Post Cards From The Freezer; Photographing Antarctica Digitally

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"Antarctica is a separate world...it is the presence of ice, from the first occasional fragment, escalating in shape, form and frequency, and finally dominating all else, that brings assurance of arrival in Antarctica."--Mark Jones, from Wild Ice: Antarctic Journeys (available on Amazon.com)

Taking pictures in Antarctica is easy. Point your camera in almost any direction, fill the frame with a stunning landscape, seascape, or unique wildlife encounter, press the shutter release button, and presto, your memory is recorded instantly by your digital camera.

Stunning, floating ice castles grace the Antarctic seascape with beauty and awe. (Canon EOS-1Ds Mark II, Canon 17-40mm lens.)
All Photos © 2006, Rick Sammon, All Rights Reserved

For the travel, landscape, seascape, environmental, and wildlife photographer, Antarctica is a dream come true--a fantasy world of experiencing and exploring a truly fascinating and awe-inspiring massive area of our planet. It's a dream I experienced this past December, during Antarctica's summer, aboard the Russian icebreaker the M/V Professor Multanovskiy, which is outfitted for photographers and travelers like myself. I booked the trip (actually promoted as an expedition) to the Antarctic Peninsula through Quark Expeditions (www.quarkexpeditions.com), specialists in polar exploration. (Note: Most travelers book this trip six months in advance.)

The "Rick Wrap," an Antarctic special, is designed to keep photographers warm and toasty. Actually, the yellow parka is supplied to all Quark Expeditions participants. (Canon EOS-1Ds Mark II, Canon 28-105mm lens.)
Taking a break from shooting, I checked out my pictures on my laptop in the comfort of my cabin.

"Yes!" That's the enthusiastic answer I give to those of you who are reading this column and wondering if the experience was worth it--a 12-day trip that included for me a 10-hour flight from New York to Buenos Aires; a 31/2-hour flight from Buenos Aires to Ushuaia, Argentina, the southernmost city on the planet; a day layover in Ushuaia; and a two-day voyage from Ushuaia to the Antarctic Peninsula.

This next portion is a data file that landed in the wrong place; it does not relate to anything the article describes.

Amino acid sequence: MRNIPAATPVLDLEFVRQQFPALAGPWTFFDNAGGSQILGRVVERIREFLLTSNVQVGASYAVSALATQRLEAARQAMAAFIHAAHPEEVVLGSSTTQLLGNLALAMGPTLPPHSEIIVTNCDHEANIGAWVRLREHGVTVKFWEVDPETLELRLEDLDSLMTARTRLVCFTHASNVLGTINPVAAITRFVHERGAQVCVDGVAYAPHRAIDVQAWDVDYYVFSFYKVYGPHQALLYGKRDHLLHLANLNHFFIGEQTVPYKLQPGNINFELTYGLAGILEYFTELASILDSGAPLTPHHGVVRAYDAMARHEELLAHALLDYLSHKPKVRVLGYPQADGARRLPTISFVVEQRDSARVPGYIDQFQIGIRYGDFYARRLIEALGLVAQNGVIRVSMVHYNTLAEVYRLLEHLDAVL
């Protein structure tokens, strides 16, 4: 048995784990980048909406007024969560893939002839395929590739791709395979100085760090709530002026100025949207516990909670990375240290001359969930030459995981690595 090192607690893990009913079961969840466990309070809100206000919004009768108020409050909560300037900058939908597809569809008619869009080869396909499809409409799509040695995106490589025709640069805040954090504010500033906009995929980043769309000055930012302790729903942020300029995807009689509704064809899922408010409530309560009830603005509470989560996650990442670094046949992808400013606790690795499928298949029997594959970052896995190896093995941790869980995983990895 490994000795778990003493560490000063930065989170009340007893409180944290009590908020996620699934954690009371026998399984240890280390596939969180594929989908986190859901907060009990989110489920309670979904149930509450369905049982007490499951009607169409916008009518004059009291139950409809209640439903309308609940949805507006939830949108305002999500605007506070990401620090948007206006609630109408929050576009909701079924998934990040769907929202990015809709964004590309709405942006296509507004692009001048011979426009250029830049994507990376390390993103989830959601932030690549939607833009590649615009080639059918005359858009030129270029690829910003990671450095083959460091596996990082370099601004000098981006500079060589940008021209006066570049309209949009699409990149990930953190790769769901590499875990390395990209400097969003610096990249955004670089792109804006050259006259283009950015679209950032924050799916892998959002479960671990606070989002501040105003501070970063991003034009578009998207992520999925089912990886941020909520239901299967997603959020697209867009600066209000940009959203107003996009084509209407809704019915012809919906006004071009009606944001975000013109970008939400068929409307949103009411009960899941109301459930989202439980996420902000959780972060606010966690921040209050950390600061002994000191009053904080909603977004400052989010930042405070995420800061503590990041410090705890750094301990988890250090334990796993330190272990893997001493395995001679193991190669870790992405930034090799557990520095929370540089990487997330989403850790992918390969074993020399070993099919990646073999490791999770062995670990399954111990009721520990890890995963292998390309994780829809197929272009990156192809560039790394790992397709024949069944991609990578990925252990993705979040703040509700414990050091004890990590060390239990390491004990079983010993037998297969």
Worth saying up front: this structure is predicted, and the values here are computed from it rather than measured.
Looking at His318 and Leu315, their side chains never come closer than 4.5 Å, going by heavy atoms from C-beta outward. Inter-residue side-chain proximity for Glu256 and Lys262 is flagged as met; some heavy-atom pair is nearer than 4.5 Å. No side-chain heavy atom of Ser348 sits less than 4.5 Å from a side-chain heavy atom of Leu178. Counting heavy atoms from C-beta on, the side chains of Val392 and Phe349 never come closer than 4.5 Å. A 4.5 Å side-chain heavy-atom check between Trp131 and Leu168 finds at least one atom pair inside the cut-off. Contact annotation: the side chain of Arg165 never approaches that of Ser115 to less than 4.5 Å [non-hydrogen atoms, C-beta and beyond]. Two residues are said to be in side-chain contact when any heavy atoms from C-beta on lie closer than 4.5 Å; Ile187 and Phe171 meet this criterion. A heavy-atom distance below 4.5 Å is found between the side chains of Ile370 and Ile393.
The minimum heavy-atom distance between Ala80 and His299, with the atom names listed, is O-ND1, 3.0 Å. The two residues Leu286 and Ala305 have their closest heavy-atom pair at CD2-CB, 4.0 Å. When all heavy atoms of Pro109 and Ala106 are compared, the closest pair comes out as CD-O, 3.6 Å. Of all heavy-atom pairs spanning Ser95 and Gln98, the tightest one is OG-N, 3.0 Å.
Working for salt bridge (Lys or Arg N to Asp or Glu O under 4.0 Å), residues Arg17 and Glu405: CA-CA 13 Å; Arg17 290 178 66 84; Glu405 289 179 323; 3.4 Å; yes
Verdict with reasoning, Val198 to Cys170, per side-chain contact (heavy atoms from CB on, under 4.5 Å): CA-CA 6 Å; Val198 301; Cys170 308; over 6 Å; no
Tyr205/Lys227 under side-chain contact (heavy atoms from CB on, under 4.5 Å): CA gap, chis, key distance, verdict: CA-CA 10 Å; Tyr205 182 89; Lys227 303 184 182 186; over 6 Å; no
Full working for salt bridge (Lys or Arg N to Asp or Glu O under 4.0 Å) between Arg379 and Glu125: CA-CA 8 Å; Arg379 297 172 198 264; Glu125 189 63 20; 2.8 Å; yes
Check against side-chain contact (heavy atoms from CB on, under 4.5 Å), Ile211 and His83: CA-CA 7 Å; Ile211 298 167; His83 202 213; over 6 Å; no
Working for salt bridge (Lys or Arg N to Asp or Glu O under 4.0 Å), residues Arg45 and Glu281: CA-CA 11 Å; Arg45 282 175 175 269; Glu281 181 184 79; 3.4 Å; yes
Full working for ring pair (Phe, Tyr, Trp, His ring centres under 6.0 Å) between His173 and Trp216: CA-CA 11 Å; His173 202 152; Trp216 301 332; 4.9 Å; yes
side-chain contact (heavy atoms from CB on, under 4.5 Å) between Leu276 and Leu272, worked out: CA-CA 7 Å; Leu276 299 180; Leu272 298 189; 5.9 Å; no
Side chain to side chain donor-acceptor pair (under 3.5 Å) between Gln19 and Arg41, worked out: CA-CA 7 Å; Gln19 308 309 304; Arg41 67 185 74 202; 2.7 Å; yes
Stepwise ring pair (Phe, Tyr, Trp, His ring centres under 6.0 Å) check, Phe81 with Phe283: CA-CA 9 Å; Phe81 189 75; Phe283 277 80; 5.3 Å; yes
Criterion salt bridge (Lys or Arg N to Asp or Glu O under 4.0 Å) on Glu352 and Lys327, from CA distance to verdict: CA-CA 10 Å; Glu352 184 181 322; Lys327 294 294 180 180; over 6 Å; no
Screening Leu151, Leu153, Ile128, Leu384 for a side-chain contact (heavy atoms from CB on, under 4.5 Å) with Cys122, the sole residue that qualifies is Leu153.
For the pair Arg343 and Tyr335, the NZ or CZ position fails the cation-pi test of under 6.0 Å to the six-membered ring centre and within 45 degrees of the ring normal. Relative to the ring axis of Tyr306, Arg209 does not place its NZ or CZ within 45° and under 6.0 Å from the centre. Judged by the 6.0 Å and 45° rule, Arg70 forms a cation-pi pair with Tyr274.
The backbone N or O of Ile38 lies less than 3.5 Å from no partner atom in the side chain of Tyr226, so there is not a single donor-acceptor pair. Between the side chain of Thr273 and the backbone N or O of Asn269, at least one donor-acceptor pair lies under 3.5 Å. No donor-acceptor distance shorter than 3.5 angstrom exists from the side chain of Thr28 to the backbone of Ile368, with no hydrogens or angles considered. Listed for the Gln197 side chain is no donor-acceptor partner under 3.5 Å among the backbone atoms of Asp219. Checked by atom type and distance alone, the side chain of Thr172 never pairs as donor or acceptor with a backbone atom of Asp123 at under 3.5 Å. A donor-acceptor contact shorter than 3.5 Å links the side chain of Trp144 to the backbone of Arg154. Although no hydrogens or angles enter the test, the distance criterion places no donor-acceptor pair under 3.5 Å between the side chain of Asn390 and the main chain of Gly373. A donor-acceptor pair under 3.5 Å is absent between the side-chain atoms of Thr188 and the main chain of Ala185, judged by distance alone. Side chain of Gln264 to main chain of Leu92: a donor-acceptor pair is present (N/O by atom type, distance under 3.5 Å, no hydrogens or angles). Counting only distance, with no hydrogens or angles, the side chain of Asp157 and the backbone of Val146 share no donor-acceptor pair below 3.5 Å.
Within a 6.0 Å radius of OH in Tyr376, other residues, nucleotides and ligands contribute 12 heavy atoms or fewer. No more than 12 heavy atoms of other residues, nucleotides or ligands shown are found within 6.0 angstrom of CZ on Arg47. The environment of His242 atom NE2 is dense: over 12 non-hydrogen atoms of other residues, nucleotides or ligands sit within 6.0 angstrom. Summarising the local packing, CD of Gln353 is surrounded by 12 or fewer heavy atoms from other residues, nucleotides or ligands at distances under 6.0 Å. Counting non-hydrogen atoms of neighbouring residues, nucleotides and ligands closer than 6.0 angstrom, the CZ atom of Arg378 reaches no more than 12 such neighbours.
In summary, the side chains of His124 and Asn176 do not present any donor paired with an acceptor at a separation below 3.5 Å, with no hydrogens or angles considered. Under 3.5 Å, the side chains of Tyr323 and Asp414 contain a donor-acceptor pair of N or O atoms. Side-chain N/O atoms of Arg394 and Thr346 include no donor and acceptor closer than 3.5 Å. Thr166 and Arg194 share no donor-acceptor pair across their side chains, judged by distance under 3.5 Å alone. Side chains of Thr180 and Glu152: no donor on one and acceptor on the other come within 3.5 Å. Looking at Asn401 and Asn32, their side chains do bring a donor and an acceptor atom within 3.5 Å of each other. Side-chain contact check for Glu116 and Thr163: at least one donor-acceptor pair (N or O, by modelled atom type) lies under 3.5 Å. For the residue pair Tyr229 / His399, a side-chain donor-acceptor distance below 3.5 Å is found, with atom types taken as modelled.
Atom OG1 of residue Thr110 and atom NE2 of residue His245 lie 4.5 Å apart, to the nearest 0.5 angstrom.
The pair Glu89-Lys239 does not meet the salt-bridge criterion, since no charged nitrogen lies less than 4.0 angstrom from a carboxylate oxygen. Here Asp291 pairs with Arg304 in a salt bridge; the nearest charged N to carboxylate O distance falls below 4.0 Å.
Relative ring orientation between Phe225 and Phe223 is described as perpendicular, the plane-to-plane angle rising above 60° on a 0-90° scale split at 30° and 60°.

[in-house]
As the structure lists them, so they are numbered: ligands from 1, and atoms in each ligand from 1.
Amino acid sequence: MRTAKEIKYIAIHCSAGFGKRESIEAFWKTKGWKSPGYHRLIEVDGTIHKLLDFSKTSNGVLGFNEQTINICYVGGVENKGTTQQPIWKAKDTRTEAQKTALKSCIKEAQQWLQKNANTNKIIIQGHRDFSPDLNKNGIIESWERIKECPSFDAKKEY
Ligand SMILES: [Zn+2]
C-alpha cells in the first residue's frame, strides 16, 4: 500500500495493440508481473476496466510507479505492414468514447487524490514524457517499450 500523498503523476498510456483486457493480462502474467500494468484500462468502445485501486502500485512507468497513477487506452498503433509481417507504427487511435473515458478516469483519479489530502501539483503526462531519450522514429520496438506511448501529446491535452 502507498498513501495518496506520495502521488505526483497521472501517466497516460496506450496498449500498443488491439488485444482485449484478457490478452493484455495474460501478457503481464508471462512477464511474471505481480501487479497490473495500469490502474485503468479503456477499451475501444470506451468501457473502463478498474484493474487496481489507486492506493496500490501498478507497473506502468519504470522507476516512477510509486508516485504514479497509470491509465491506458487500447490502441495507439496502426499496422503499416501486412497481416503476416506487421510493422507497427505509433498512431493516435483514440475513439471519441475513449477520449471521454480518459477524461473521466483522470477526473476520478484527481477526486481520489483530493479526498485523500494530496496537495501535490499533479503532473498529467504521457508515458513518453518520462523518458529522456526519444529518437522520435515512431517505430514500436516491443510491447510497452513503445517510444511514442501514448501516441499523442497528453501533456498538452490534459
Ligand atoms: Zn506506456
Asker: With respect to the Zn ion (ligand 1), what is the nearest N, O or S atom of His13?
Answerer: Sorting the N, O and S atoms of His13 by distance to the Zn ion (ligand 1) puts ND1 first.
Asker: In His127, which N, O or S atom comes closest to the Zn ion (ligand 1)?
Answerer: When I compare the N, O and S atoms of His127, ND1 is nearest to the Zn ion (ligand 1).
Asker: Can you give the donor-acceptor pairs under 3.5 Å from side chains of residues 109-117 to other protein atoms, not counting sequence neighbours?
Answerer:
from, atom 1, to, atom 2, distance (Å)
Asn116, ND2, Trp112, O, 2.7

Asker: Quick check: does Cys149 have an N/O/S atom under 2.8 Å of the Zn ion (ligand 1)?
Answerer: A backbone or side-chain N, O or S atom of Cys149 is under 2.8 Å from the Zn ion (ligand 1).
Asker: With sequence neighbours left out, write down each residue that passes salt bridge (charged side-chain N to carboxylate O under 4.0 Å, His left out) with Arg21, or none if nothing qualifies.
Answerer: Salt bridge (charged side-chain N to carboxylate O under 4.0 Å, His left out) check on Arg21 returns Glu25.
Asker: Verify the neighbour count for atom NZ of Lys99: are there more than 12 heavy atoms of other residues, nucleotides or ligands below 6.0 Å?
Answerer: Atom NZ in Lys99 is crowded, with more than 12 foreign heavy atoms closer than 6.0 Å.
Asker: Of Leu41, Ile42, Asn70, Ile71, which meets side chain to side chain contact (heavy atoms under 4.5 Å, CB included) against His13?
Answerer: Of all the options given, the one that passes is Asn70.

What made the experience especially enjoyable and rewarding for me was the instant gratification that digital imaging offers. Each day, after photographing the landscapes, seascapes, and wildlife with my Canon digital SLR cameras and lenses, I downloaded my pictures, recorded on SanDisk Extreme III 2GB and 4GB CompactFlash cards, to my PowerBook G4 laptop and gave them a quick glance to ensure that I was capturing the images that I was seeing. After downloading my pictures to my laptop, I copied them to my G-TECH 60GB portable hard drive. After the pictures were stored in two places, I formatted my CompactFlash cards in my cameras (which is better than formatting cards via a computer) so that I would be ready for more picture opportunities the following day.

My autofocus camera, set on AI Servo (which tracks a moving subject), helped me to get good wildlife photographs, including this image of a leopard seal.

What's more, the team of knowledgeable naturalists onboard offered in-depth talks and seminars on the marine life and geology of the area.

I wrote this column in my cabin aboard the M/V Professor Multanovskiy, which gently and predictably swayed in the 5- to 7-foot sea swells that I could see outside my cabin window. I have selected a few images that I think offer an idea of experiencing and photographing one of the world's most pristine destinations--the destination at the bottom of the earth.

Penguins are the most photographed (and by far the smelliest due to the massive amount of penguin poop) species in Antarctica. This photograph was taken with my Canon EOS-1Ds Mark II, Canon 100-400mm zoom.

Many visitors to Antarctica go to photograph unique wildlife. For tight headshots, you'll need a telephoto lens or telephoto zoom--you are not allowed to get closer than 15 ft to the animals in most areas. However, some animals nest or rest along a path, which can make for wonderful close wildlife encounters.

Some penguins walk right up to photographers and visitors, which means you can use a wide angle zoom. However, be prepared with a telephoto zoom for distant shots.

Icebergs, ice floes, patch ice, and snow-covered mountains tell visitors that they are arriving in Antarctica. (Canon EOS-1Ds Mark II, Canon 15mm lens.)

To capture detail in ice, shooting raw files is a must because JPEG files toss away 1/3 or more of the information in a file, mostly in the highlight areas. A gray sky is the norm, but the sun does burn through the clouds on occasion.

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